The Islamists present a clear and present danger to non-Muslims, secular and liberal Muslims as well as the State of Israel and the West. Egyptian Christians may not like the military, but they still understand that they are far better off with them in power rather than Morsi and his crowd. Americans should be no less smart in their view of the conflict.

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Why Does the Muslim Brotherhood Attack Churches?

The world is focusing much of its sympathy today on the members of the Muslim Brotherhood that were gunned down in the streets of Cairo by armed police and soldiers seeking to end the Islamist attempt to put Mohamed Morsi back into power. The violence is regrettable and the casualties are widely interpreted as evidence of the brutality of the military regime that toppled Morsi and his Brotherhood regime last month. But the notion that the Brotherhood is the innocent victim of a nasty junta seeking to bring back Mubarak-era authoritarianism is only half right. Though the military government is an unsavory partner for the United States, no one should be under any illusions about the Brotherhood or why the majority of Egyptians (who went to the streets in their millions to support a coup) probably approve of the military’s actions.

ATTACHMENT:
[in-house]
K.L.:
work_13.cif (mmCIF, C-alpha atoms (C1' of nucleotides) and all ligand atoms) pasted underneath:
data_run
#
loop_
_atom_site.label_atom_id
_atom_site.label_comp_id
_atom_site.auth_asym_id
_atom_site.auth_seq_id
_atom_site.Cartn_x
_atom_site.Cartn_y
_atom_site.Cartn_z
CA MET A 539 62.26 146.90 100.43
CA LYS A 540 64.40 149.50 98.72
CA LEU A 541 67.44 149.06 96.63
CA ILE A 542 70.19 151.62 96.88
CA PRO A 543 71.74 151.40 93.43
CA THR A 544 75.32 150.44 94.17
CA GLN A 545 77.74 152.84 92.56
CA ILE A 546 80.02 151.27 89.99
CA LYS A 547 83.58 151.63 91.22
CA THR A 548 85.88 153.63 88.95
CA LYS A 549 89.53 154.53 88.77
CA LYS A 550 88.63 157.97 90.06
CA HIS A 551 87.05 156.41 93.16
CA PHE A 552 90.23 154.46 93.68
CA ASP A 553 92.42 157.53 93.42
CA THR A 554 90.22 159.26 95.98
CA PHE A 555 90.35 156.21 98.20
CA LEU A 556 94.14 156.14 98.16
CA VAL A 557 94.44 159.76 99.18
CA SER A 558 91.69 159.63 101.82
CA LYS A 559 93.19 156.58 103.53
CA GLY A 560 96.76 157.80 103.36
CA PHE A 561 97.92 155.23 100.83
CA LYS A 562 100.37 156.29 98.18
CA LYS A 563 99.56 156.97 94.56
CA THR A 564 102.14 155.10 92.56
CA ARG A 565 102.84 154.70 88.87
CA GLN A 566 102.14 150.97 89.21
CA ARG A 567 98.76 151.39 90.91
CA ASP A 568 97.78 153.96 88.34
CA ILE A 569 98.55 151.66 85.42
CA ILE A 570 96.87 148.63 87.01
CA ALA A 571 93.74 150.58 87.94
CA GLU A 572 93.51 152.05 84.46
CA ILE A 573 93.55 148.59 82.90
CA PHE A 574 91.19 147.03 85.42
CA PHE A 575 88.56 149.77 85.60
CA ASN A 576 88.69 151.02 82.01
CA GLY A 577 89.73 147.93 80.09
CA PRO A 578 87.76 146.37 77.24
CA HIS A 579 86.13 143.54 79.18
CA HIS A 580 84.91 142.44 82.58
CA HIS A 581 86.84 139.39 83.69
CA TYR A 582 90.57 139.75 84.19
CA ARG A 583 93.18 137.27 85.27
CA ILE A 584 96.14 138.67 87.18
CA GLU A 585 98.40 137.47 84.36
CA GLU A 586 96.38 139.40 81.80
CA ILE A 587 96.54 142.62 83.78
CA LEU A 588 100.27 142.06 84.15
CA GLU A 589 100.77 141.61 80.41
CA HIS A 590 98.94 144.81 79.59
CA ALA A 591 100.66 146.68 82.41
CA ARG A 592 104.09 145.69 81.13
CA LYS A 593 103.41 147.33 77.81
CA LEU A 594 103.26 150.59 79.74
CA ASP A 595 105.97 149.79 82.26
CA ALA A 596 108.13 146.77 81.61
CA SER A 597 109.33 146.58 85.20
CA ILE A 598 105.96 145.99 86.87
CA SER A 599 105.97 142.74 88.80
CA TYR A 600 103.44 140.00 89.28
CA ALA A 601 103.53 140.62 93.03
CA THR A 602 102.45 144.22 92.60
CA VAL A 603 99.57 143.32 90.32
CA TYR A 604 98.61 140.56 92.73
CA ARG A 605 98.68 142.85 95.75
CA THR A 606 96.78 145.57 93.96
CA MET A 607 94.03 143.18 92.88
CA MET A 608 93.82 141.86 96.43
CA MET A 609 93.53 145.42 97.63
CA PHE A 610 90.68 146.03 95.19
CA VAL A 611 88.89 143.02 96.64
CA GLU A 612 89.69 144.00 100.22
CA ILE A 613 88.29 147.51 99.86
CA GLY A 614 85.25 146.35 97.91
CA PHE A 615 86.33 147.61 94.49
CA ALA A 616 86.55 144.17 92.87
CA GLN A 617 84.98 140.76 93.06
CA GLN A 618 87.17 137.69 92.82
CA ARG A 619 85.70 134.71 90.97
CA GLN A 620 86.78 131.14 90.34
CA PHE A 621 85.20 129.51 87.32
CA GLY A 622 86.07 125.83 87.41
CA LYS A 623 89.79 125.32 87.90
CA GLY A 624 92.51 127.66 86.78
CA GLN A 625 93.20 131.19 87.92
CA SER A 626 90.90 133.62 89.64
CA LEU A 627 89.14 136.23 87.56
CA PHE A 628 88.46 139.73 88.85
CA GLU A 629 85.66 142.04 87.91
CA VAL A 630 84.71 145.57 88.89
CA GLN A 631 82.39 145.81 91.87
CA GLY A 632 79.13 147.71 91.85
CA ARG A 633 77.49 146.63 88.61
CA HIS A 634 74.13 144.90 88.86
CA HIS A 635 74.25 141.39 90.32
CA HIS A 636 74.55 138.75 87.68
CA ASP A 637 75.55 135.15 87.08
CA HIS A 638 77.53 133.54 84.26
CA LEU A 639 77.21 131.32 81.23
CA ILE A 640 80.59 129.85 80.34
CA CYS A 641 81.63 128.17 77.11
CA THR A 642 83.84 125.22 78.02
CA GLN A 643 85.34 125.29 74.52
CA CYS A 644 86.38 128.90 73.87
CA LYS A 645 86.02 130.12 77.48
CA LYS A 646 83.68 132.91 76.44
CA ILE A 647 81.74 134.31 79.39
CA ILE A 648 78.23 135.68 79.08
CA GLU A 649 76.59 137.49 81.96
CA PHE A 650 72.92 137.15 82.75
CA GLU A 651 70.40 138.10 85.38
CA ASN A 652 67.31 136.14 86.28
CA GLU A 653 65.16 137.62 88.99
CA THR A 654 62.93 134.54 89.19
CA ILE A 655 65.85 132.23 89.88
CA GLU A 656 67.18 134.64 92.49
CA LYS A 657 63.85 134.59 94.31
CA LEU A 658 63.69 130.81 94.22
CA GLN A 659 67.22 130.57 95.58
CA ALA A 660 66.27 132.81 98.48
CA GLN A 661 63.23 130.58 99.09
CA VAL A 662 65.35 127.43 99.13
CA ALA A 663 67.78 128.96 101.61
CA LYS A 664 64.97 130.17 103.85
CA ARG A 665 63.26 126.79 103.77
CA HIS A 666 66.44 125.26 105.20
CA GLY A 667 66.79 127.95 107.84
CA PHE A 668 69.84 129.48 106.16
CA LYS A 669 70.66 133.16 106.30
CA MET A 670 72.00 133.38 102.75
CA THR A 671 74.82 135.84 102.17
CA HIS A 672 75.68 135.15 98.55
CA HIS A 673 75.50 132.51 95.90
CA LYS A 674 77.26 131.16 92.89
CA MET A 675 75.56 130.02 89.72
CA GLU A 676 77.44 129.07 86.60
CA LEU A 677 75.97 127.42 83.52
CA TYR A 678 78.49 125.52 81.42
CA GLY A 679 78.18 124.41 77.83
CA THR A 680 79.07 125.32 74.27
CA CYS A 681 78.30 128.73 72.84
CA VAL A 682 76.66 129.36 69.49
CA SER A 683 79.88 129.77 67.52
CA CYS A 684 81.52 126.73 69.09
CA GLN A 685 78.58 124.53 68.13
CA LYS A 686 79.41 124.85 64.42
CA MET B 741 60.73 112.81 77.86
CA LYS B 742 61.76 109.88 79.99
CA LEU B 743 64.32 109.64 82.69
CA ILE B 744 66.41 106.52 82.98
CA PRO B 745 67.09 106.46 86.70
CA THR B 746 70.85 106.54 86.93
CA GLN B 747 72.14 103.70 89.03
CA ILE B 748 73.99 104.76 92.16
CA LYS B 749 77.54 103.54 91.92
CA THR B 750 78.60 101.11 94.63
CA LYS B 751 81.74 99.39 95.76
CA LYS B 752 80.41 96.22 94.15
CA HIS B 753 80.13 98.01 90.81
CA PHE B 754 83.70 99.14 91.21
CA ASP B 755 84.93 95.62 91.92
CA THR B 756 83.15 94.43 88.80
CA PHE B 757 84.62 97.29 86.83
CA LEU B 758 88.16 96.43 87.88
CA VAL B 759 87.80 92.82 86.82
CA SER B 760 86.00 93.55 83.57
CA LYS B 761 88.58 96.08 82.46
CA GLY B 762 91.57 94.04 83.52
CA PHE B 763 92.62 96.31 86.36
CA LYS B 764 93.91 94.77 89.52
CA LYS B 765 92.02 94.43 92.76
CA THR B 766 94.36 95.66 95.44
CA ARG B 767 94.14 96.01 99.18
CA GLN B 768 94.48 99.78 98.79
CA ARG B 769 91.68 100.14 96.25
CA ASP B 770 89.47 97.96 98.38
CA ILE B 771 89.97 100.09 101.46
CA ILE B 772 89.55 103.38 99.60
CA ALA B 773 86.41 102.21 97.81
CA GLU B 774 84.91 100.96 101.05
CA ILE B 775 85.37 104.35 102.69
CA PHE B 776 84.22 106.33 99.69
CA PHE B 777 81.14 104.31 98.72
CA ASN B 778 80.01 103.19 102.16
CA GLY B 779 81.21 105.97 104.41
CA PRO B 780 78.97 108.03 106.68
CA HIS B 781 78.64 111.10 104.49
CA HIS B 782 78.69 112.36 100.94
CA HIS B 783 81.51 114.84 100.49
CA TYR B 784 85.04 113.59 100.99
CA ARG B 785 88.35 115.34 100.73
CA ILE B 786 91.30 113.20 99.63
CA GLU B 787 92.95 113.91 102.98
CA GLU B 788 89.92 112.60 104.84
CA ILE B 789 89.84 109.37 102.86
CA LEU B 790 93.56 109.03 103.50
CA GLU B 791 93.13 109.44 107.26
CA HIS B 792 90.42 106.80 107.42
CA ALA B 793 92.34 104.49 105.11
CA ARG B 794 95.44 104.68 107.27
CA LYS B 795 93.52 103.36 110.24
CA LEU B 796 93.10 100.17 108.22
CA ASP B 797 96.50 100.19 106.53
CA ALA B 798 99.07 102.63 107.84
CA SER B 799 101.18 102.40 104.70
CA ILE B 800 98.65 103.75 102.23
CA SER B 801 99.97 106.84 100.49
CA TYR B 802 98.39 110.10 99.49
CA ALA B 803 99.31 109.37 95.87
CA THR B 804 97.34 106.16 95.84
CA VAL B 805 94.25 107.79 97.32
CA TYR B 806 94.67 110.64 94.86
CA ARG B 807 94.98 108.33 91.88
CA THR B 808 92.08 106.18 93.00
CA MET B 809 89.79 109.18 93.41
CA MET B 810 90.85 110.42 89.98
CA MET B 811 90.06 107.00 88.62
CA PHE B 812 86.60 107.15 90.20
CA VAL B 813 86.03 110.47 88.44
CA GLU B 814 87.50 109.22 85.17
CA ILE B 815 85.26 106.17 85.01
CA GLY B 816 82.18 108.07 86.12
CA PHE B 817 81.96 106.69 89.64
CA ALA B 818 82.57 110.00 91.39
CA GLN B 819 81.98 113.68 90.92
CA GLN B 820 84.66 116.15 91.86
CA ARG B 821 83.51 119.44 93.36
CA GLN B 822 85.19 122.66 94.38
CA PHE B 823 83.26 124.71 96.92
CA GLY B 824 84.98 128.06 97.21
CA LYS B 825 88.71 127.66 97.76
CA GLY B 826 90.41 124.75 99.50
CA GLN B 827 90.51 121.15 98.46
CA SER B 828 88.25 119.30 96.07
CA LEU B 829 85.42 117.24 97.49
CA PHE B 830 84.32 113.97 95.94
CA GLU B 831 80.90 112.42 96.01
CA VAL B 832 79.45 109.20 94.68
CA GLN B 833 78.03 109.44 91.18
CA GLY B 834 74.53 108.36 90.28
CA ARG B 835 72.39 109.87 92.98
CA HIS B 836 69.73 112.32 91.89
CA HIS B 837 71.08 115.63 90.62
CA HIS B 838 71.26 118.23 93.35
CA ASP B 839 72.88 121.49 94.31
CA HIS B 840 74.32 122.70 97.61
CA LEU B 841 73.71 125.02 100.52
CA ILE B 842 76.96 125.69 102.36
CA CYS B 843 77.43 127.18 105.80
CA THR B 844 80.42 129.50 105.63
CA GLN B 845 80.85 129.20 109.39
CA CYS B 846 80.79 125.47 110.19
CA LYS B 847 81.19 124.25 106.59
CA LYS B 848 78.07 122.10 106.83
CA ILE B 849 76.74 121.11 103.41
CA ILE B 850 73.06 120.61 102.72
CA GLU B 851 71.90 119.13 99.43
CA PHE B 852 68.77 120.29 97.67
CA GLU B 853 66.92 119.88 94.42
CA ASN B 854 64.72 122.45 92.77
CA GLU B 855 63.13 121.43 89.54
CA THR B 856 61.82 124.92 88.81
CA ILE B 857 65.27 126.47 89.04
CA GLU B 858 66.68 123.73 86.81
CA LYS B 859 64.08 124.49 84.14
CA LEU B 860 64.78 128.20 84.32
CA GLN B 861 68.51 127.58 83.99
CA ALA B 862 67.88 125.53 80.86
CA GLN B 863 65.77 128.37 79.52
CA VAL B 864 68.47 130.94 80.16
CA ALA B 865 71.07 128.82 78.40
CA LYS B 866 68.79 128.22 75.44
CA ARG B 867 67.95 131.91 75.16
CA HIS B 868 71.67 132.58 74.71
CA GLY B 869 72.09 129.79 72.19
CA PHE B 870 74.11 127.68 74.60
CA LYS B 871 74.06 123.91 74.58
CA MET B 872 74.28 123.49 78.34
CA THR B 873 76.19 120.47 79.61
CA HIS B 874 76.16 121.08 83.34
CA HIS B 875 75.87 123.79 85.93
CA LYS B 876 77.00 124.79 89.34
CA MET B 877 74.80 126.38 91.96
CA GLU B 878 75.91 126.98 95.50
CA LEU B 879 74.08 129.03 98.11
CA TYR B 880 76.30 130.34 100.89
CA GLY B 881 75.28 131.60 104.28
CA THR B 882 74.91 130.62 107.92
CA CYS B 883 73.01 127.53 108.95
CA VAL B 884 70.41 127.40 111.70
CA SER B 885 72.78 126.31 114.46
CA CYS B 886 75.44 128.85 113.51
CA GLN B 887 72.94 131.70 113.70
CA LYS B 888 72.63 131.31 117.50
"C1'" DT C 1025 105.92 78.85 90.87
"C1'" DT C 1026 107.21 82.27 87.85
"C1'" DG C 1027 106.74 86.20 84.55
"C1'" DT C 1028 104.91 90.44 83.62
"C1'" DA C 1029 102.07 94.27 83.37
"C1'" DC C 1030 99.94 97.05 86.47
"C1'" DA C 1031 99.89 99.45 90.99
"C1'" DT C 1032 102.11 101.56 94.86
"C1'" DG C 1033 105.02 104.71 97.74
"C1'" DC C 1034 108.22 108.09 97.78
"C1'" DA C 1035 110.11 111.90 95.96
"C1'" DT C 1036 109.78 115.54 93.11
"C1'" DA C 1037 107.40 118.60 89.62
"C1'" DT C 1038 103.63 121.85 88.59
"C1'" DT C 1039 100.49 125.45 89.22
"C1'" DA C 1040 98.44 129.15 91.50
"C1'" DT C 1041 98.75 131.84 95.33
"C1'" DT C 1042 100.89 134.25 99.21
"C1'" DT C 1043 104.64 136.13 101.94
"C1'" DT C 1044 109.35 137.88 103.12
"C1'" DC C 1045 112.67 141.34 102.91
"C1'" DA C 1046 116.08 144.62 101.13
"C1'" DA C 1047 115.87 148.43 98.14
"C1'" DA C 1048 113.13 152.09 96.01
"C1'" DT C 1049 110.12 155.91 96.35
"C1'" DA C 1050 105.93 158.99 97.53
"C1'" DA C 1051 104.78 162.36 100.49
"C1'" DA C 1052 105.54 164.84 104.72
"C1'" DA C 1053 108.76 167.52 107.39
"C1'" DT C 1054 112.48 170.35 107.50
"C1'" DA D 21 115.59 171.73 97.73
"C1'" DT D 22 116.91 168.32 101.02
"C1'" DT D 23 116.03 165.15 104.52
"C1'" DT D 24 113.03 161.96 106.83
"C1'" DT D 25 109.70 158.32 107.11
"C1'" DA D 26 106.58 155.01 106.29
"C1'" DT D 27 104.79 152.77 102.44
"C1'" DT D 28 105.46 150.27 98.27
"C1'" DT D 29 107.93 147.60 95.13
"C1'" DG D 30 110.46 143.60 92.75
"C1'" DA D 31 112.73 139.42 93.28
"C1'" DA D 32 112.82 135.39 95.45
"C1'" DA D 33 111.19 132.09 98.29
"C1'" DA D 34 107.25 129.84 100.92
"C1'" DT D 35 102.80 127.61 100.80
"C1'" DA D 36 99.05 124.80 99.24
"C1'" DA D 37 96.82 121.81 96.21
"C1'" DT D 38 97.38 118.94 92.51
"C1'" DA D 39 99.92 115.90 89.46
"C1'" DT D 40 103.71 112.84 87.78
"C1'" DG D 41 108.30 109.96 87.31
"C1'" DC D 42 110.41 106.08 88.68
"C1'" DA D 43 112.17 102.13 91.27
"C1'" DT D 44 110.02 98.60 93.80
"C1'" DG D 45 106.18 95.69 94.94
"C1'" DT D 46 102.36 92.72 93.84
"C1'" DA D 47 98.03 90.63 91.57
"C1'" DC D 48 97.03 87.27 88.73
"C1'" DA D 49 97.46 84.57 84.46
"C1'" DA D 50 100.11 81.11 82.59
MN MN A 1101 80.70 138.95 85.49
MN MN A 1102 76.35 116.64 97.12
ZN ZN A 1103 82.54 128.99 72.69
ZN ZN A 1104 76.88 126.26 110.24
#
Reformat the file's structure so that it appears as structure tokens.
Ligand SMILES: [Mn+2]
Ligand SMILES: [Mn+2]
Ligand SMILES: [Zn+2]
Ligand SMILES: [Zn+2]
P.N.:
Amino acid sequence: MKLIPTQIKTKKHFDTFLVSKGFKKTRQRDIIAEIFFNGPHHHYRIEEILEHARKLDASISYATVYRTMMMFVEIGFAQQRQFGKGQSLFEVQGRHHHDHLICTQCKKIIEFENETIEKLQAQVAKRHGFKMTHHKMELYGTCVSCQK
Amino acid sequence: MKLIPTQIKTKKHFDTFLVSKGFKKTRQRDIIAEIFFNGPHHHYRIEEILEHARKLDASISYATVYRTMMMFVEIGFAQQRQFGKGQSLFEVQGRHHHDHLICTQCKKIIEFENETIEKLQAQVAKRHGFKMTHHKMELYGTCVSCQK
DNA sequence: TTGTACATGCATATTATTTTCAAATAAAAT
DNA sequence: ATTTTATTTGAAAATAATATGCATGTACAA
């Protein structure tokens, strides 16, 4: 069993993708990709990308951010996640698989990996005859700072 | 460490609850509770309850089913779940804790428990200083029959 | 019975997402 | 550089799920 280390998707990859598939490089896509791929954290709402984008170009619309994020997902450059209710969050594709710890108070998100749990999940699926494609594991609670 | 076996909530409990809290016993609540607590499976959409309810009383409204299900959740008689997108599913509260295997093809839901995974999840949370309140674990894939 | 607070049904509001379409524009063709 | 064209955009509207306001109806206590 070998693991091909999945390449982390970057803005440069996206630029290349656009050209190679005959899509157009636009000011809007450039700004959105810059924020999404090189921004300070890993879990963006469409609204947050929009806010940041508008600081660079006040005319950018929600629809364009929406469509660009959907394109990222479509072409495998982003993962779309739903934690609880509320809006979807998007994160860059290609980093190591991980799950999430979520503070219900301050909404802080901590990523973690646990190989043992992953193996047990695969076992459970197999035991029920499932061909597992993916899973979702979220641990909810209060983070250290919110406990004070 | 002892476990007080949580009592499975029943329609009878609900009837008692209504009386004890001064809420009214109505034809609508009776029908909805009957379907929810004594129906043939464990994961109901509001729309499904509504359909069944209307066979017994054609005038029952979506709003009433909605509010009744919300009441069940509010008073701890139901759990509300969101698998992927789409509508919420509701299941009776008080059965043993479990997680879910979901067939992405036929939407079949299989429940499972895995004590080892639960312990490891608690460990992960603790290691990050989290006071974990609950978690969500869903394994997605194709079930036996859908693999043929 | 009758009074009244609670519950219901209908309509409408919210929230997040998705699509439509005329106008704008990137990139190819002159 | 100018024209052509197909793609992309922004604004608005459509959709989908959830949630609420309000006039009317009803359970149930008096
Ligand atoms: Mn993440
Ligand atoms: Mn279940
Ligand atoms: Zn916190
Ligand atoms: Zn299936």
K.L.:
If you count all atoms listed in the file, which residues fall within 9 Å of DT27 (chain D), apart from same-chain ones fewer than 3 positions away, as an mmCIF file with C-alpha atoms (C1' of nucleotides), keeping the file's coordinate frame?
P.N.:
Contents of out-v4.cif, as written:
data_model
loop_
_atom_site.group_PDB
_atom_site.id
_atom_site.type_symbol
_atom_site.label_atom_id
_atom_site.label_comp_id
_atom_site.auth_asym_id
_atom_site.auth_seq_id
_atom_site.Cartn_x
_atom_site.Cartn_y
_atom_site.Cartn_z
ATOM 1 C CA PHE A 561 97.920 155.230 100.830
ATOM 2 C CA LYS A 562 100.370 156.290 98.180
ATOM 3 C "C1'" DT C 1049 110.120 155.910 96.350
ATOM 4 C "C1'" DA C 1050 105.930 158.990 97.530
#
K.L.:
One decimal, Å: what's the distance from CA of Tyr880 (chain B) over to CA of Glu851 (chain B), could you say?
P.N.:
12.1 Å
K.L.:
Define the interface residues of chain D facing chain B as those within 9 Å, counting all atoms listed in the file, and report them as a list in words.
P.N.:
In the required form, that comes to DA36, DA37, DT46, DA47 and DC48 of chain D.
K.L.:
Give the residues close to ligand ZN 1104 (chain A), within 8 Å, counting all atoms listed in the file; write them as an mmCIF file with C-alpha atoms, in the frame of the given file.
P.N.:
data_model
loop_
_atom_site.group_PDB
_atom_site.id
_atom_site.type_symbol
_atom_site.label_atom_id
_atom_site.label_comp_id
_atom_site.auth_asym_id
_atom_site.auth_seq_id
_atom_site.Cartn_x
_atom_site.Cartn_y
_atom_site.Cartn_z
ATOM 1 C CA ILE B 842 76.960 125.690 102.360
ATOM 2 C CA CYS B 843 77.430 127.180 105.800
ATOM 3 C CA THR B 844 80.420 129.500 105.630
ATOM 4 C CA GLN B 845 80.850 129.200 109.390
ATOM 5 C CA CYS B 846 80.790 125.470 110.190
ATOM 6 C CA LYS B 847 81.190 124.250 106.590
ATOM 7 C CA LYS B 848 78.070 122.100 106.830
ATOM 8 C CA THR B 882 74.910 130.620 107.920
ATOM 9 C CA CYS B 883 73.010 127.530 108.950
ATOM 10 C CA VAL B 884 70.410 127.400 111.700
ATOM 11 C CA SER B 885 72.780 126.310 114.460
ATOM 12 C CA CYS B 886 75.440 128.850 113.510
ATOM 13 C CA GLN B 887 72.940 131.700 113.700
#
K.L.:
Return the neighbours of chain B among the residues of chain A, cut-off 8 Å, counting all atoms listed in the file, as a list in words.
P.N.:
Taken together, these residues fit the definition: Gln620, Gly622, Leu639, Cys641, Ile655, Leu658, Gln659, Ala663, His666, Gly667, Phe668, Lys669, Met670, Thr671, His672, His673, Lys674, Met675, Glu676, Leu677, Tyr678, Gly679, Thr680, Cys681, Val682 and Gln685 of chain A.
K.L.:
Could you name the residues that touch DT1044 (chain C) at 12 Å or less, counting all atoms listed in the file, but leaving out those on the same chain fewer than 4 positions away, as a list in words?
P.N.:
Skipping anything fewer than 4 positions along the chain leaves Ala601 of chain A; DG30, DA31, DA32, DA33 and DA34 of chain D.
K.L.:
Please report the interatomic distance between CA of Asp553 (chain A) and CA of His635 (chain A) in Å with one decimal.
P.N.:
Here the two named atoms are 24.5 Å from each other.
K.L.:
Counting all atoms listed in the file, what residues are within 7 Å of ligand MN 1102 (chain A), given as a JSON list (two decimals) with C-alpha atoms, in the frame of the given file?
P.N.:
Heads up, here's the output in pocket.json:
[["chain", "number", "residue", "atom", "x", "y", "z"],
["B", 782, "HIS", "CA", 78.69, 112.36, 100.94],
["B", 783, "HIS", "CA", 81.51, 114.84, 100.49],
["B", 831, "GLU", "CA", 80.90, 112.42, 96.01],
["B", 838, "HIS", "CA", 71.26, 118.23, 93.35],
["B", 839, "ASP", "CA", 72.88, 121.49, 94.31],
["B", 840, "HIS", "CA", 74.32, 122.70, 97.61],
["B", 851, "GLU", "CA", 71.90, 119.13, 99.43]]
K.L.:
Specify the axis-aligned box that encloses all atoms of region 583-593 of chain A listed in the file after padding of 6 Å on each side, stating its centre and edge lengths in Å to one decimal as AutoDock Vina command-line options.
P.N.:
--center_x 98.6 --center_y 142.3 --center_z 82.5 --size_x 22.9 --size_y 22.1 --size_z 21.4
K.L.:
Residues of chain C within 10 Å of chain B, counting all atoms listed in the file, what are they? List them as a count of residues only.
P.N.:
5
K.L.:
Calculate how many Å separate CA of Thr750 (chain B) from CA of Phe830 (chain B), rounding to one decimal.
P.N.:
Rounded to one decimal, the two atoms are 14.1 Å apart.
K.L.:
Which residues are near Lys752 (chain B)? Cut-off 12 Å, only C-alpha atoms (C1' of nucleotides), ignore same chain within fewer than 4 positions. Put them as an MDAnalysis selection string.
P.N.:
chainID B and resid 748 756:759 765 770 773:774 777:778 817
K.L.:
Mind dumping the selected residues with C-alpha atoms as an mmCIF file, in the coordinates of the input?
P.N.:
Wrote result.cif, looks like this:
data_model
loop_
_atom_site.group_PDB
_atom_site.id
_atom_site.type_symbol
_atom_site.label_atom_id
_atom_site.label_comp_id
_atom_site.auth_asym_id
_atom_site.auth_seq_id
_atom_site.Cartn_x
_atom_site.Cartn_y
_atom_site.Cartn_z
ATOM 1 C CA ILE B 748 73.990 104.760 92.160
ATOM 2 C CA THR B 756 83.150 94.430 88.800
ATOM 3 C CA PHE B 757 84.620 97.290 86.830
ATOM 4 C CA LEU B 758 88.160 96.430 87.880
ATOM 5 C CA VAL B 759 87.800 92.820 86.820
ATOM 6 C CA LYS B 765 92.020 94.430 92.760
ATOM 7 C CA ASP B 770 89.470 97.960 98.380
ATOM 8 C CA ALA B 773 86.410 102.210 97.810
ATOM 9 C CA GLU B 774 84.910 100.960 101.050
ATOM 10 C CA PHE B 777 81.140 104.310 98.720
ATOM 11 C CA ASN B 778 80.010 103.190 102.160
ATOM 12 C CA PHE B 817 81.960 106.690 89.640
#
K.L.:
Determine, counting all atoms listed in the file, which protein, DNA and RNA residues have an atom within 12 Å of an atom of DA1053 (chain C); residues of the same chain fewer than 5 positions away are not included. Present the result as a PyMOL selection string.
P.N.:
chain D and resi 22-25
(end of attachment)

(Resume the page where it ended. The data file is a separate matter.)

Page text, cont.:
Proof of the true nature of the Brotherhood was available for those who read accounts in the last weeks of life at their Cairo encampments that were policed by Islamist thugs with clubs and other weapons. Brotherhood gunmen fought the police in pitched battles. Non-violent civil disobedience isn’t in the Brotherhood playbook. Even more damning was the Brotherhood response elsewhere in Egypt. As the International Business Times reports:

Supporters of ousted Egyptian president Mohamed Morsi have attacked churches in Dilga, Menya and Sohag after government security forces backed by armored cars and bulldozers stormed protest camps outside Cairo’s Rabaa al-Adawiya mosque.